- In our study, E*TRADE attracted the most number of newer accounts in Q1 2011 with a marketing budget of $44 million compared to FXCM’s $7 million. This gives E*TRADE a per client acquisition cost of $431. At first sight, it may appear that FXCM and E*TRADE’s per client acquisition cost are in line with each other. However forex brokers like FXCM have low client retention rate compared to stock brokers. The average life of an account opened at a forex broker is 3 months. New traders tend to blow up their accounts using high leverage. It is rare for a retail trader to have access to enough leverage to blow up their stock brokerage account. When quarterly numbers are complied, forex brokers have to exclude clients that are no longer active. Even though FXCM reported only 18K net new brokerage accounts, we can safely assume that it obtained another 10K new accounts additionally, that it can no longer include because of low balance / inactivity. This will make FXCM’s acquisition cost per client much lower than what it appears based solely on reported number of active clients. We can estimate FXCM’s effective per client acquisition to be $250 (including client turnover.) Also because E*TRADE markets investments, retirement and checking accounts, it is not easy to do a side by side comparison in terms of per client acquisition cost.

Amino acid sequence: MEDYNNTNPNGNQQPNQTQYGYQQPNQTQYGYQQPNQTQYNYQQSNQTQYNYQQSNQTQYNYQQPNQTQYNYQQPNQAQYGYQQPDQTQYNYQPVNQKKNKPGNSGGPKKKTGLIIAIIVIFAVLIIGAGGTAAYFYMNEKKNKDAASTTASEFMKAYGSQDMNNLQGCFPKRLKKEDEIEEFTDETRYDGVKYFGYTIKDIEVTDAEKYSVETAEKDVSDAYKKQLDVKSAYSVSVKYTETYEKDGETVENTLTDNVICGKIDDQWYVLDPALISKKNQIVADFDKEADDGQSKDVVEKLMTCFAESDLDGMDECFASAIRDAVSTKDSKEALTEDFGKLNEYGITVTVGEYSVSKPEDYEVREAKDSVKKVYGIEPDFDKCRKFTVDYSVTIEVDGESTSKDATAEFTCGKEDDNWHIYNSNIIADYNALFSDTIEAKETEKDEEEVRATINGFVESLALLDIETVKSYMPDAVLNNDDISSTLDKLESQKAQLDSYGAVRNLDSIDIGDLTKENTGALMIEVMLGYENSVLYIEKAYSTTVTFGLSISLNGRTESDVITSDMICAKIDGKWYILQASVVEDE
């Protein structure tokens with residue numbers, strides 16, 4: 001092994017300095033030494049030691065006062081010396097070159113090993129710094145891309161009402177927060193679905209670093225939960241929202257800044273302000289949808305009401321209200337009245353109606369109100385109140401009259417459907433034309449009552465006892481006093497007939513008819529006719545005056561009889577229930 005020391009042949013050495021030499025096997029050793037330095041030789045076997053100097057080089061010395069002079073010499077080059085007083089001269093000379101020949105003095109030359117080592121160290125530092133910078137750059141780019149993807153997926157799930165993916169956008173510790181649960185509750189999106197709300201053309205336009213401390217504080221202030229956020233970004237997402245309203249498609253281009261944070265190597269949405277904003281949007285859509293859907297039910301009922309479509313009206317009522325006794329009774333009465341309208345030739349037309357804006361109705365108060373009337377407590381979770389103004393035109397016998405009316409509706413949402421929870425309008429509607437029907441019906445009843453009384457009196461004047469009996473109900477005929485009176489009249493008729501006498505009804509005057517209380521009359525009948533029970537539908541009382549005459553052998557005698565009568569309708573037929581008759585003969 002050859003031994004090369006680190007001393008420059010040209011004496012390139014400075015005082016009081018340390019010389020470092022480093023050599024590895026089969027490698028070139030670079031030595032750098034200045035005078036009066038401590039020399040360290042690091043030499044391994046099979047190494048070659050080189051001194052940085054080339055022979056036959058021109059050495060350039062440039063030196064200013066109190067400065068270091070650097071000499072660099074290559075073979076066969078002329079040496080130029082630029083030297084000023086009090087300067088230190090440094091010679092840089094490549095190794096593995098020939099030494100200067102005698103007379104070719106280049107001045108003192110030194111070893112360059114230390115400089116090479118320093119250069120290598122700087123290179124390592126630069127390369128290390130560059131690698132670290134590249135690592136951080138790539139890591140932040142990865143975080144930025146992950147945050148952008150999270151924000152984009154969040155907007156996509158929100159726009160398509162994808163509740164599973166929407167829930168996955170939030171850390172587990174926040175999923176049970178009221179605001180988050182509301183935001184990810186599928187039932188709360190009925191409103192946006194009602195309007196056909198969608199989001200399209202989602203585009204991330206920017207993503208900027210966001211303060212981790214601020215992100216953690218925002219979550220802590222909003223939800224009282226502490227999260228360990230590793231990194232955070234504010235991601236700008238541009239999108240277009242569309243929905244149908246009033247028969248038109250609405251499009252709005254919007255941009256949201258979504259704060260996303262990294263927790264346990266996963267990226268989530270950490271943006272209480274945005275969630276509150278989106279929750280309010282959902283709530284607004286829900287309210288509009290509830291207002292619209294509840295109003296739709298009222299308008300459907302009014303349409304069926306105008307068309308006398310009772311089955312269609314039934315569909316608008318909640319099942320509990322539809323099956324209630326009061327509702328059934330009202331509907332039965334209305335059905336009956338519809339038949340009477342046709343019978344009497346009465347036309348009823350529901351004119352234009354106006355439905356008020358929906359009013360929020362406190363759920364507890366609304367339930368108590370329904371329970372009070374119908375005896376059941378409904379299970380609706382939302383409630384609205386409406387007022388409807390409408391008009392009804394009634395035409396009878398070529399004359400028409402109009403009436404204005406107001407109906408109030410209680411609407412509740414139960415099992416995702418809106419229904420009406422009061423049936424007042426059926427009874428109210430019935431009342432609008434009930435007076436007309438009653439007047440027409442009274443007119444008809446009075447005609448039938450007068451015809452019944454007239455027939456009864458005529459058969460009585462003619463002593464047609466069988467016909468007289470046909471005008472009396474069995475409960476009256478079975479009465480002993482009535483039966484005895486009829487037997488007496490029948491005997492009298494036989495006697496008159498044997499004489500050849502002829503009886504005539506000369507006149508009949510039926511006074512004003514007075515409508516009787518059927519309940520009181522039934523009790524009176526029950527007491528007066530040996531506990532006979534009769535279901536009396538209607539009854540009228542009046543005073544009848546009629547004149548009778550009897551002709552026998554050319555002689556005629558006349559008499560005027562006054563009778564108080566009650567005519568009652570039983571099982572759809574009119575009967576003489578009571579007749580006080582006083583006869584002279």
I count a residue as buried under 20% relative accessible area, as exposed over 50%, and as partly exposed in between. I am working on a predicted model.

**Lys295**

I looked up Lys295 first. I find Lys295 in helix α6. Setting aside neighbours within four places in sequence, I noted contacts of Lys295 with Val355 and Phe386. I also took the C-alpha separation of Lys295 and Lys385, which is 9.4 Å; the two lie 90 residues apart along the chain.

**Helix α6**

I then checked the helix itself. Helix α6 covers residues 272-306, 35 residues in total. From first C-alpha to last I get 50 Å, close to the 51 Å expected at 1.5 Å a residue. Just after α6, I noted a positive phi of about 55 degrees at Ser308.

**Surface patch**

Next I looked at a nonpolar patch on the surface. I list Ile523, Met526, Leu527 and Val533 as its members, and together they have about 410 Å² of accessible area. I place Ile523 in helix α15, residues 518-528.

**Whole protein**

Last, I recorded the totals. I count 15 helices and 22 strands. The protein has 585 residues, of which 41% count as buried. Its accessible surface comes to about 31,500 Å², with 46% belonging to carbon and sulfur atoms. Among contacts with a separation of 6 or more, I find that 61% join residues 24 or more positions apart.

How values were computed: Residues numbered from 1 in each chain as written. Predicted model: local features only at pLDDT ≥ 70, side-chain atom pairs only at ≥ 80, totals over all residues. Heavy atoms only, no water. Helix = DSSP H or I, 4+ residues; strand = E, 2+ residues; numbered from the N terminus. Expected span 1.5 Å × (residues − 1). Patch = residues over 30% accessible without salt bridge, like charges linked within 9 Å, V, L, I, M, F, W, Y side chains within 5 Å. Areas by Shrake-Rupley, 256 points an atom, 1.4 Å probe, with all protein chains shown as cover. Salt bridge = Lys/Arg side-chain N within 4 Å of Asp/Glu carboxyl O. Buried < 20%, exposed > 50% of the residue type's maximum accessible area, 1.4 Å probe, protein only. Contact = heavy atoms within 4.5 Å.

- At the time of writing, FXCM has a market cap of $756 million on $18 million in net income as compared to TradeStation’s market cap of $390 million on $1 million in net income for Q1 2011. TradeStation Group agreed to be acquired by Monex Group out of Japan through a cash tender offer followed by a merger. The deal announced on April 21, 2011 valued the transaction at $411 million.
In conclusion, profit margins are high for brokers offering forex accounts. It does not surprise me that traditional stock brokers are adding spot forex to their list of products. Some recent notable ones: Tradestation Group launched its own forex related subsidiary called TradeStation Forex. OptionsXpress (acquired by Charles Schwab) is developing a currency trading offering. TD Waterhouse (one of UK’s largest broker) entered into a partnership with Saxo Bank to offer CFD’s and Forex.